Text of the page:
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The type of this function is T -> (T -> U) -> U. I believe that in Haskell, it would be something like ($ . flip).

Or, from an object-oriented perspective (which is the way I've been looking at it):

type T {
    U myFunction(f: T -> U) {
        return f(this);
    }
}

I've been calling it "into" in my notes, and using a single arrow (->) as an operator. It's analogous to the map function, but for a scalar:

       a.into f =  f(a)
[a, b, c].map f = [f(a), f(b), f(c)]

Examples of practical applications:

42 -> Math.sqrt
foo.bar.into(doSomething).baz.into(doSomethingElse).xyzzy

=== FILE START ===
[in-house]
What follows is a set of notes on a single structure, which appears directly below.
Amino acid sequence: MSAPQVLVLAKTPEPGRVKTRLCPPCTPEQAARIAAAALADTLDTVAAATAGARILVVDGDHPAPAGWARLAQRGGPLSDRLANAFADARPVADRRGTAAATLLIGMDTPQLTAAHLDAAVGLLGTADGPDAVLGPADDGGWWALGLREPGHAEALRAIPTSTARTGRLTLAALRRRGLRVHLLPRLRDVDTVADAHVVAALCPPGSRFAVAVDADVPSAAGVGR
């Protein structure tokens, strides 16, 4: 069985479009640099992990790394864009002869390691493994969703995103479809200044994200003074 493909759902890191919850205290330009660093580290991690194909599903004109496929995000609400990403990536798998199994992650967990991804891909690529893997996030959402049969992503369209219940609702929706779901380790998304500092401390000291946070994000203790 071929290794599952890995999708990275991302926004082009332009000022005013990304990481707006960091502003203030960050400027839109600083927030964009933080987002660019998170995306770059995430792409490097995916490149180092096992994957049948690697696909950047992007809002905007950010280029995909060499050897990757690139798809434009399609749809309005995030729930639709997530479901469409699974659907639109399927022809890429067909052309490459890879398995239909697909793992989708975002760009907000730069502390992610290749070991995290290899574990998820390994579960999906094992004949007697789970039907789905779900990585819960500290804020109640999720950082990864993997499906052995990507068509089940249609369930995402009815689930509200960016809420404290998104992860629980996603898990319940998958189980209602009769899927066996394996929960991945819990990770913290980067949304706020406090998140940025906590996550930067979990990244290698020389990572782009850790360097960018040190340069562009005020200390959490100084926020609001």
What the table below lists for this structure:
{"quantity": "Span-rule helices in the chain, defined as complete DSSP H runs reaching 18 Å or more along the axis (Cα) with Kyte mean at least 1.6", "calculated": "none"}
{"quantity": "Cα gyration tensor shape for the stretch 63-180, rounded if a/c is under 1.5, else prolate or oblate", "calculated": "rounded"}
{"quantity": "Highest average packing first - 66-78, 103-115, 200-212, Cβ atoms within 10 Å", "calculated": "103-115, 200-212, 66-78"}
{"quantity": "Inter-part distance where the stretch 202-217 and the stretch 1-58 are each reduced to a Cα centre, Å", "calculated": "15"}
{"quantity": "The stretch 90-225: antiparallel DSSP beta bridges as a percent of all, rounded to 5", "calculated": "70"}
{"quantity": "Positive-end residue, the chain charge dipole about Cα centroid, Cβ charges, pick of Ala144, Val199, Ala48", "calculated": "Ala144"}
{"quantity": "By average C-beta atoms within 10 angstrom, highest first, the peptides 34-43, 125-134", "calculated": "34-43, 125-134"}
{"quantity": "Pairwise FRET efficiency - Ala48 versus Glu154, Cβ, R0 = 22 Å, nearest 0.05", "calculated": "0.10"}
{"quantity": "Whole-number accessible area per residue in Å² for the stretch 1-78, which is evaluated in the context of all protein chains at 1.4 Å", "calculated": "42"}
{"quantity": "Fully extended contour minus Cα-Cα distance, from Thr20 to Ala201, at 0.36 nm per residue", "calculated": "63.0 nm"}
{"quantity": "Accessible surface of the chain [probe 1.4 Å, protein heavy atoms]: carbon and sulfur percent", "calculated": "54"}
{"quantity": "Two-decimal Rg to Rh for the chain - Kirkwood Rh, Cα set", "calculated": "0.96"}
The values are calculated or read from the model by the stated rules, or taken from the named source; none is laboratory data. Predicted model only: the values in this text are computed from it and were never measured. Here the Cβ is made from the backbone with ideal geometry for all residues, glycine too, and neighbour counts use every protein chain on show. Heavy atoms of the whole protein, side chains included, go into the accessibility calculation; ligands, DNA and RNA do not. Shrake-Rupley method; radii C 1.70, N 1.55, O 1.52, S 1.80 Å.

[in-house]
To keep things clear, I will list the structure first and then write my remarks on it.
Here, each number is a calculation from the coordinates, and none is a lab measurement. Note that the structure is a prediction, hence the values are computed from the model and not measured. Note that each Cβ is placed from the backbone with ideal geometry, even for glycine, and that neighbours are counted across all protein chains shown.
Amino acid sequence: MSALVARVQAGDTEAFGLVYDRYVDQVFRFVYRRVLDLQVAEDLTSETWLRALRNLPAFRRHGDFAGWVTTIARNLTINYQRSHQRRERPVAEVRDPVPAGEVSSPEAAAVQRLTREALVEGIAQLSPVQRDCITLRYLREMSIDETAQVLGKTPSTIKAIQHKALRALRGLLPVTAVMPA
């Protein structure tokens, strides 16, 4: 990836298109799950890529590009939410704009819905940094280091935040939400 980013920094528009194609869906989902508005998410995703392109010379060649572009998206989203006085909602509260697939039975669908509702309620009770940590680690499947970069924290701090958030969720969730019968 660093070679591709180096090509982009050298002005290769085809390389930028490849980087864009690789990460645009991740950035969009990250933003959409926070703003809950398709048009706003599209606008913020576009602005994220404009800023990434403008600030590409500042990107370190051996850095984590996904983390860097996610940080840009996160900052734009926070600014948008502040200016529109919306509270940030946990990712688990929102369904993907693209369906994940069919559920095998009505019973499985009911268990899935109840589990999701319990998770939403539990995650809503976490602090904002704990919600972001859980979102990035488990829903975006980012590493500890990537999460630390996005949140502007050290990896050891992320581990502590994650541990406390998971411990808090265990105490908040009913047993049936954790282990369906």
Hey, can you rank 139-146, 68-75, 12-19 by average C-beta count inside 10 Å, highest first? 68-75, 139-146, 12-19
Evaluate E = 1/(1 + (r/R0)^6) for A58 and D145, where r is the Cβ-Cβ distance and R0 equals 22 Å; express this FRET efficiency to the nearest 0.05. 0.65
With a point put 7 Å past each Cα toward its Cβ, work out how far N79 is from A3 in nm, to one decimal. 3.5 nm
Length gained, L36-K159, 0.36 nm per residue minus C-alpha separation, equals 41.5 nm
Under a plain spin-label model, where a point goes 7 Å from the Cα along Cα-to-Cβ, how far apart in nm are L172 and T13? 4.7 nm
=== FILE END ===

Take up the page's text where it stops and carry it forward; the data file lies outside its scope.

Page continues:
(rather than doSomethingElse(doSomething(foo.bar).baz).xyzzy)
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1 Answer 1

up vote 0 down vote accepted

It looks like F# has this function. The function doesn't seem to be named, but the operators is known as the pipeline operator. http://msdn.microsoft.com/en-us/library/dd233229.aspx

let result = 100 |> function1 |> function2

In Haskell, it is flip id. A certain facetious package called data-aviary defines it as thrush. Is there an inverse of the Haskell $ operator?

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